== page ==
The spontaneous tendencies of monopoly capitalism, however, reasserted themselves, not by recreating an agrarian crisis within the dirigiste regime, but by overthrowing the dirigiste regime itself, as a consequence of the carrying forward of the process of centralisation of capital in the world economy, to a point where a new form of international finance capital emerged. This new form of international finance capital made all  capitalist dirigisme unsustainable, by undermining the intervention capacity of the nation-State, through the imposition of a regime of more or less free global financial flows. Finance, as is well-known, is opposed to any State activism except that which is directed to serving its own interests; and when finance is globalised and the State is a nation-State, the latter willy-nilly has to bow to the caprices of finance, to prevent it from fleeing en masse and precipitating a foreign exchange crisis. The new regime of neo-liberalism, which conforms to the caprices of finance, expresses and carries forward the spontaneous tendencies of monopoly capitalism. Not surprisingly, it has brought back to India the agrarian crisis that is endemic to monopoly capitalism.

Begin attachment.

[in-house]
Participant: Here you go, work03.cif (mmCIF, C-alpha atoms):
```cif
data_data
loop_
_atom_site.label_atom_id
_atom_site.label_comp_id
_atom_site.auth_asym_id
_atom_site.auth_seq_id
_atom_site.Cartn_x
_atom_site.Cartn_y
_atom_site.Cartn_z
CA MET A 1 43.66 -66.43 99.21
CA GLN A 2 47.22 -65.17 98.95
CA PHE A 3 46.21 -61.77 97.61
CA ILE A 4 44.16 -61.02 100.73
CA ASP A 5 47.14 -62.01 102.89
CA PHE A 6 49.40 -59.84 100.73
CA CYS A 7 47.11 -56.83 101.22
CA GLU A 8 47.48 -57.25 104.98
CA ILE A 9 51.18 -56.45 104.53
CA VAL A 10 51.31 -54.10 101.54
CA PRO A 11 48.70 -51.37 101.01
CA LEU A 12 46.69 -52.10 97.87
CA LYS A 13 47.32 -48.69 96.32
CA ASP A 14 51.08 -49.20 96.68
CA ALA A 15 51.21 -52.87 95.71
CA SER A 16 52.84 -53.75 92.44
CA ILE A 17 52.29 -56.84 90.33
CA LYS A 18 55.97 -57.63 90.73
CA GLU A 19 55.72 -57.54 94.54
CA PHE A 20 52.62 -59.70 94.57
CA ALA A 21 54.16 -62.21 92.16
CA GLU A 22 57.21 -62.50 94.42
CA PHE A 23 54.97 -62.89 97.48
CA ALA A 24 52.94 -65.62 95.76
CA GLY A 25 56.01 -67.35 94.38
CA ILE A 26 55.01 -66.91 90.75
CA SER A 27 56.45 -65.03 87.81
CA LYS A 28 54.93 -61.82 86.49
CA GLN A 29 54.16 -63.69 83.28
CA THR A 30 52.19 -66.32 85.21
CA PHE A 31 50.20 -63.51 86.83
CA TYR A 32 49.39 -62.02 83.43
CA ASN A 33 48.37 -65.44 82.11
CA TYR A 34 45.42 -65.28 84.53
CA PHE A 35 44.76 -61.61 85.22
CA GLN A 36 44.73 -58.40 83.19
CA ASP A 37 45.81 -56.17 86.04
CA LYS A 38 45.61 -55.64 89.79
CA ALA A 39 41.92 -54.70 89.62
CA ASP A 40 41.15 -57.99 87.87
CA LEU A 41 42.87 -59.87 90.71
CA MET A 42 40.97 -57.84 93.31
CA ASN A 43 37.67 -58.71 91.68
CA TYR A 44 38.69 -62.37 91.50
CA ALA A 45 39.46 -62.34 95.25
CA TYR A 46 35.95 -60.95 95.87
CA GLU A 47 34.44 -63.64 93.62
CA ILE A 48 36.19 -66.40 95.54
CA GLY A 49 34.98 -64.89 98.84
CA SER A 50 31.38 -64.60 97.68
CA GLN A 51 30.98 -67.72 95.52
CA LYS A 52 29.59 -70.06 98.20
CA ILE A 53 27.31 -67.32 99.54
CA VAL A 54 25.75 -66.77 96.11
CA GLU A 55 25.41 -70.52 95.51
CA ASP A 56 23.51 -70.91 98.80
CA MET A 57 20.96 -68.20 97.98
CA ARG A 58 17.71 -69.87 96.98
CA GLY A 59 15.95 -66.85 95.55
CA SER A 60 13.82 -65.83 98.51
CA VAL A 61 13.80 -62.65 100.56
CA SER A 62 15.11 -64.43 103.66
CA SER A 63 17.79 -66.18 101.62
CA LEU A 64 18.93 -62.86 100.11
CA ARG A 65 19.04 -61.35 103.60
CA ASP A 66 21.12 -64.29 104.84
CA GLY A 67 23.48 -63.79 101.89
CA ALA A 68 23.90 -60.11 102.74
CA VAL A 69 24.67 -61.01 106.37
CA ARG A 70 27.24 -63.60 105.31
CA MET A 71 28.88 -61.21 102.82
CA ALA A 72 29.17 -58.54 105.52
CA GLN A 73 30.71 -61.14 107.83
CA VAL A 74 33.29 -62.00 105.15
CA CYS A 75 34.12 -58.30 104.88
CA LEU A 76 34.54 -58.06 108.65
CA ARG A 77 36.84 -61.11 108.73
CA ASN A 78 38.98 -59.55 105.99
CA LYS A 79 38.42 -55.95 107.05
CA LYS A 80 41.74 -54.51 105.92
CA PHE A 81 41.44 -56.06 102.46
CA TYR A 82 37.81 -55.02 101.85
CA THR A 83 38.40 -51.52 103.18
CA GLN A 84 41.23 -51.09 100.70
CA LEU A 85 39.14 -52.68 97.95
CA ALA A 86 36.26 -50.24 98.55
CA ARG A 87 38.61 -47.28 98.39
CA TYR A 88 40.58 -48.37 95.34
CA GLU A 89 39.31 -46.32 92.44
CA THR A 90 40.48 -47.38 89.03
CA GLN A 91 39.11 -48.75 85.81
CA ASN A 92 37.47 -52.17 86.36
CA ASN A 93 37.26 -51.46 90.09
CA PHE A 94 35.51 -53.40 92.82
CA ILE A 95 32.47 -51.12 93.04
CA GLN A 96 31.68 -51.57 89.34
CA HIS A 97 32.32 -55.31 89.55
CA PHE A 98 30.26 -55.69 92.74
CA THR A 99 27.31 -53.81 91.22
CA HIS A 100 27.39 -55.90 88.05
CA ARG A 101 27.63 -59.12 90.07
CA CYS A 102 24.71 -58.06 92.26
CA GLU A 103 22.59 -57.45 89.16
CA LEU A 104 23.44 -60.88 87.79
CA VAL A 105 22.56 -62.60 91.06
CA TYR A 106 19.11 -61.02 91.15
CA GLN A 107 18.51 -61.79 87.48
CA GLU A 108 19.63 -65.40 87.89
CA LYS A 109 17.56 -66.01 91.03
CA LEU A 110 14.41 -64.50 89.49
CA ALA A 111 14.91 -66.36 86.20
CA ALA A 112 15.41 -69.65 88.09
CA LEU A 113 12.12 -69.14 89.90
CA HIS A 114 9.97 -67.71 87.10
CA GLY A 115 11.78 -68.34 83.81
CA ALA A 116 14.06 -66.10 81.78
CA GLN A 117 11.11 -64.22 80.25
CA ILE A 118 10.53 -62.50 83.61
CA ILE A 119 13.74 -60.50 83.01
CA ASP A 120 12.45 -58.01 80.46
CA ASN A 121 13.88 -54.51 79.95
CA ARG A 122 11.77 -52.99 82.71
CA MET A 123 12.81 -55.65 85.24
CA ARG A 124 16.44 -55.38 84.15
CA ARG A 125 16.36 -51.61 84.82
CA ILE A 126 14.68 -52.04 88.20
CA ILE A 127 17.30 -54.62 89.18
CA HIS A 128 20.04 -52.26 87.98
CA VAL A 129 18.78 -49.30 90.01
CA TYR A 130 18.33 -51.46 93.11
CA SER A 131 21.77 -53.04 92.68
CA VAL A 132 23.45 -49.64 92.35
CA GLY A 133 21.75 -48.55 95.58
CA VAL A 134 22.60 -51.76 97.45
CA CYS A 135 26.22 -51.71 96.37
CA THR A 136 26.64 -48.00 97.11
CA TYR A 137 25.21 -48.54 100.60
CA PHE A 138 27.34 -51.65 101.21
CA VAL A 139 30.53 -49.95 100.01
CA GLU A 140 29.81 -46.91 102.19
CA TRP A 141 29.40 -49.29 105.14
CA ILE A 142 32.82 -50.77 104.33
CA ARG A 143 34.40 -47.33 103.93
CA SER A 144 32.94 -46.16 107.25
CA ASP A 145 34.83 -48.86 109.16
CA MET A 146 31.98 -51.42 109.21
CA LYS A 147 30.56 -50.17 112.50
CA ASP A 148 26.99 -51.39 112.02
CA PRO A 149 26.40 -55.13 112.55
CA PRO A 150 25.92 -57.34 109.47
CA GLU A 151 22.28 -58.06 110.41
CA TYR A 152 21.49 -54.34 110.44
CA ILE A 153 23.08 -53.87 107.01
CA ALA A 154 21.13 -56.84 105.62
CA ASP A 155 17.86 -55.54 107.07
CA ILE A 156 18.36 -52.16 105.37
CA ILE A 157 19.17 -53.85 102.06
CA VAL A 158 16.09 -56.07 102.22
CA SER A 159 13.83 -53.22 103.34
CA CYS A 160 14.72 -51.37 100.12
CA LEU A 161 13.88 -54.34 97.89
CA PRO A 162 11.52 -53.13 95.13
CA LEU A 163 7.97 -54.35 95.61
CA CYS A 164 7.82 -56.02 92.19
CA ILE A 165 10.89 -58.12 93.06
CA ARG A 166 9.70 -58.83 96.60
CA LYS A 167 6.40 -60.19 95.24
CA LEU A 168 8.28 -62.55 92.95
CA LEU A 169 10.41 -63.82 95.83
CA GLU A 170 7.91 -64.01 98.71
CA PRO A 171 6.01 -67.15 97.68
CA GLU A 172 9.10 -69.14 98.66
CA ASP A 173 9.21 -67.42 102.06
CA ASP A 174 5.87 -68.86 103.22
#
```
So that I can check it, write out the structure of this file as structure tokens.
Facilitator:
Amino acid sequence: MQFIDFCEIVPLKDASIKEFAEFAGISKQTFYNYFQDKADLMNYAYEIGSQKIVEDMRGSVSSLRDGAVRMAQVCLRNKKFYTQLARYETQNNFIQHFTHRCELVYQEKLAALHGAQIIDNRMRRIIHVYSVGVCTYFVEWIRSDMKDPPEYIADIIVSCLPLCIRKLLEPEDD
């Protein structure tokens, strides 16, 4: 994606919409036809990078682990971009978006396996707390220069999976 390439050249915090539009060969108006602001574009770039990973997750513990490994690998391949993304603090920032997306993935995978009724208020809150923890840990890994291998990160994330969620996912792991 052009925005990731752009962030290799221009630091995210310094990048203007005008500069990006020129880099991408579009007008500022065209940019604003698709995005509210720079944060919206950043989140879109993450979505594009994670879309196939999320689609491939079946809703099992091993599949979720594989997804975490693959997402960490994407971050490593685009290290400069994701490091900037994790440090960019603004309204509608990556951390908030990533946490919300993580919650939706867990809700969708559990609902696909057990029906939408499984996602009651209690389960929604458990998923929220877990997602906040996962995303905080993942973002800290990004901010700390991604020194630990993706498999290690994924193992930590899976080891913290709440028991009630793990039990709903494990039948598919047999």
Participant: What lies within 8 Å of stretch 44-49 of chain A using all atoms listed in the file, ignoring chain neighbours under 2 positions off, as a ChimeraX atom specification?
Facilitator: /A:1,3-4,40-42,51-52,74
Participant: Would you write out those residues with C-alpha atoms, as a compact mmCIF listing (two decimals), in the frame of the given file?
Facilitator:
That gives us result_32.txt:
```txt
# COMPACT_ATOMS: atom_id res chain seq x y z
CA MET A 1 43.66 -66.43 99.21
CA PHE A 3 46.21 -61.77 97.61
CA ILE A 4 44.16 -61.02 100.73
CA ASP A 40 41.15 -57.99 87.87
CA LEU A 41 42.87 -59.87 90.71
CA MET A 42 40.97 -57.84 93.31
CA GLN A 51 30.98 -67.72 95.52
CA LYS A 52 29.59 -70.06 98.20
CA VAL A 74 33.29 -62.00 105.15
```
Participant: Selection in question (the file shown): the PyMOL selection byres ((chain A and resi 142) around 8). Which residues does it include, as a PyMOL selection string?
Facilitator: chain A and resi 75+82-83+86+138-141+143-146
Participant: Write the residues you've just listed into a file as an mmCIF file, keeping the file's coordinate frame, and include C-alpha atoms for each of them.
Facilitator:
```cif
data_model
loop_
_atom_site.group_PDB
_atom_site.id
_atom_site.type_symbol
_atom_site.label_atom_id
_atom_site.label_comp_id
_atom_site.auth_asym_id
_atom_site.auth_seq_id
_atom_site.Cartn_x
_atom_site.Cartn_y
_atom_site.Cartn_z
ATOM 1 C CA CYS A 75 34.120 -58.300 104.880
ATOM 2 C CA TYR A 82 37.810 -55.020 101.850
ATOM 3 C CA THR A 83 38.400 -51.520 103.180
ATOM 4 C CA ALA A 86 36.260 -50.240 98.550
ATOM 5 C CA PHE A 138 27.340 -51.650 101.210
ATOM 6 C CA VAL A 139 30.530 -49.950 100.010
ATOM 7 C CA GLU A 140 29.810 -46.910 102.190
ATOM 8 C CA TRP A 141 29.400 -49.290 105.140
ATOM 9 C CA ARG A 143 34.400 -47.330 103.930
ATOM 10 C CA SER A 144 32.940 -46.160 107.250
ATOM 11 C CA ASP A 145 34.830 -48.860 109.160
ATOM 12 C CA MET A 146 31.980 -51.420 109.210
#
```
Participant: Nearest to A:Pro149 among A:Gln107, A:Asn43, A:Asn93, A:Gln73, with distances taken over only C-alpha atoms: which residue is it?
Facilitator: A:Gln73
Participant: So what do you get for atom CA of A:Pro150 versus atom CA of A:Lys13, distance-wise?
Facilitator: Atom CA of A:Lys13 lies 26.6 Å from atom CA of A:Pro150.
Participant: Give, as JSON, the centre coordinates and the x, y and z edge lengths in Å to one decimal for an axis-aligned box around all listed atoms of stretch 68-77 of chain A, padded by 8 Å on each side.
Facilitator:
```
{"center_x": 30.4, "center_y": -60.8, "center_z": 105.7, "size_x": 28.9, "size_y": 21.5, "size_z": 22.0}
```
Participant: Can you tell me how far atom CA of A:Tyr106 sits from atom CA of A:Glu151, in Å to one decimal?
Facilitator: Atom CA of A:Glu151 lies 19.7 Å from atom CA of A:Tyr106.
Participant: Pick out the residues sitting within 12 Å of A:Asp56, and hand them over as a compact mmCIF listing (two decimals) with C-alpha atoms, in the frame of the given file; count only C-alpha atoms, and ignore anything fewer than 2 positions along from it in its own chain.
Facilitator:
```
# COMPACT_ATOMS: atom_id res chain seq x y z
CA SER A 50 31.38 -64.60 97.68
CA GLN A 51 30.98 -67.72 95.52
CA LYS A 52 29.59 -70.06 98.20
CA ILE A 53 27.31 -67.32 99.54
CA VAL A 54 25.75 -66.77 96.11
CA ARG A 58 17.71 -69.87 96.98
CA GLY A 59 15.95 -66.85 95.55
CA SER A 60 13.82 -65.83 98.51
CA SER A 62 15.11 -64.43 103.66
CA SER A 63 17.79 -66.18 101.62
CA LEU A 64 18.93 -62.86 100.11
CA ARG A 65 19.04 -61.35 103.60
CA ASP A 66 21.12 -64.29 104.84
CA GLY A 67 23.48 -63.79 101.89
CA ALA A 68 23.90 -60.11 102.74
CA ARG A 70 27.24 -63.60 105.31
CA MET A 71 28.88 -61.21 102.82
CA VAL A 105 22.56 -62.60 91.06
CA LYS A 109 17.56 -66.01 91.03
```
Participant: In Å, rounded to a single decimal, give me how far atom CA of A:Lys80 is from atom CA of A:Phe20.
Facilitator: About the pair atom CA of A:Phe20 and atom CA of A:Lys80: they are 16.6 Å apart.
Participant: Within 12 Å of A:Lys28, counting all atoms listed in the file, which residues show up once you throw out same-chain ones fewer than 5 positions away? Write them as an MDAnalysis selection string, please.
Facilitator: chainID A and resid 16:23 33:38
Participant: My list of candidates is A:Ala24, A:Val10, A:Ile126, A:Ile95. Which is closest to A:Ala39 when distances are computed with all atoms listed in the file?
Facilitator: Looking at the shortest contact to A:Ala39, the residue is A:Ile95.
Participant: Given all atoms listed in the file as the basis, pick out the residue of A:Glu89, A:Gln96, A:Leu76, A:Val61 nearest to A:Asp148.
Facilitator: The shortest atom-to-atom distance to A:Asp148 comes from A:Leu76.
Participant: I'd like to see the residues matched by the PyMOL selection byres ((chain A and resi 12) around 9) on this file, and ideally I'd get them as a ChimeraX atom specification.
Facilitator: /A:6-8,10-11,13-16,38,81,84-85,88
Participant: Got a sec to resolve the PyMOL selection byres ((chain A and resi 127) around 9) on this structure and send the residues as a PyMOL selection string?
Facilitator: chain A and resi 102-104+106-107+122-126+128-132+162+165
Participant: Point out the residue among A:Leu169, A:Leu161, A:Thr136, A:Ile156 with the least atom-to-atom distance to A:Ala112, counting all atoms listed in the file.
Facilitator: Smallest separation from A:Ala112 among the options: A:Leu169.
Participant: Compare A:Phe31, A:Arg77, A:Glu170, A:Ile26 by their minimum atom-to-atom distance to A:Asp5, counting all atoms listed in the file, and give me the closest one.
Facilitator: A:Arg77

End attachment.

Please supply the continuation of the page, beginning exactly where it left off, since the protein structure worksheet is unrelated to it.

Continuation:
Central to neo-liberalism is a change in the role of the State where the State acts increasingly and explicitly in the exclusive interests of the big bourgeoisie, rather than appearing to stand above all classes as a benign arbiter, and justifies such action on the grounds that the interest of the big bourgeoisie and the �financial class� is synonymous with the interest of the �nation�. This ideology, as we saw earlier, characterises monopoly capitalism; a neo-liberal regime re-propagates it, acts upon it, and thereby recreates all those features that are endemic to monopoly capitalism, including the agrarian crisis. The �withdrawal of the State� that neo-liberalism is supposed to entail, is really a withdrawal of the State from some activities in order to be more deeply involved in others.

On August 22, for instance, prime minister Manmohan Singh suggested that the warring Ambani brothers should come together in the �nation�s interest� and offered even to mediate between the two to effect a reconciliation! His remarks illuminate two aspects of neo-liberalism: one, that under neo-liberalism the big bourgeoisie�s interests (in this case of the Ambanis) are passed off as the �nation�s�; and, two, the State under neo-liberalism does not withdraw in general; even while withdrawing from certain activities, it gets enmeshed in others, to the point of even micro-managing the affairs of individual big bourgeois houses.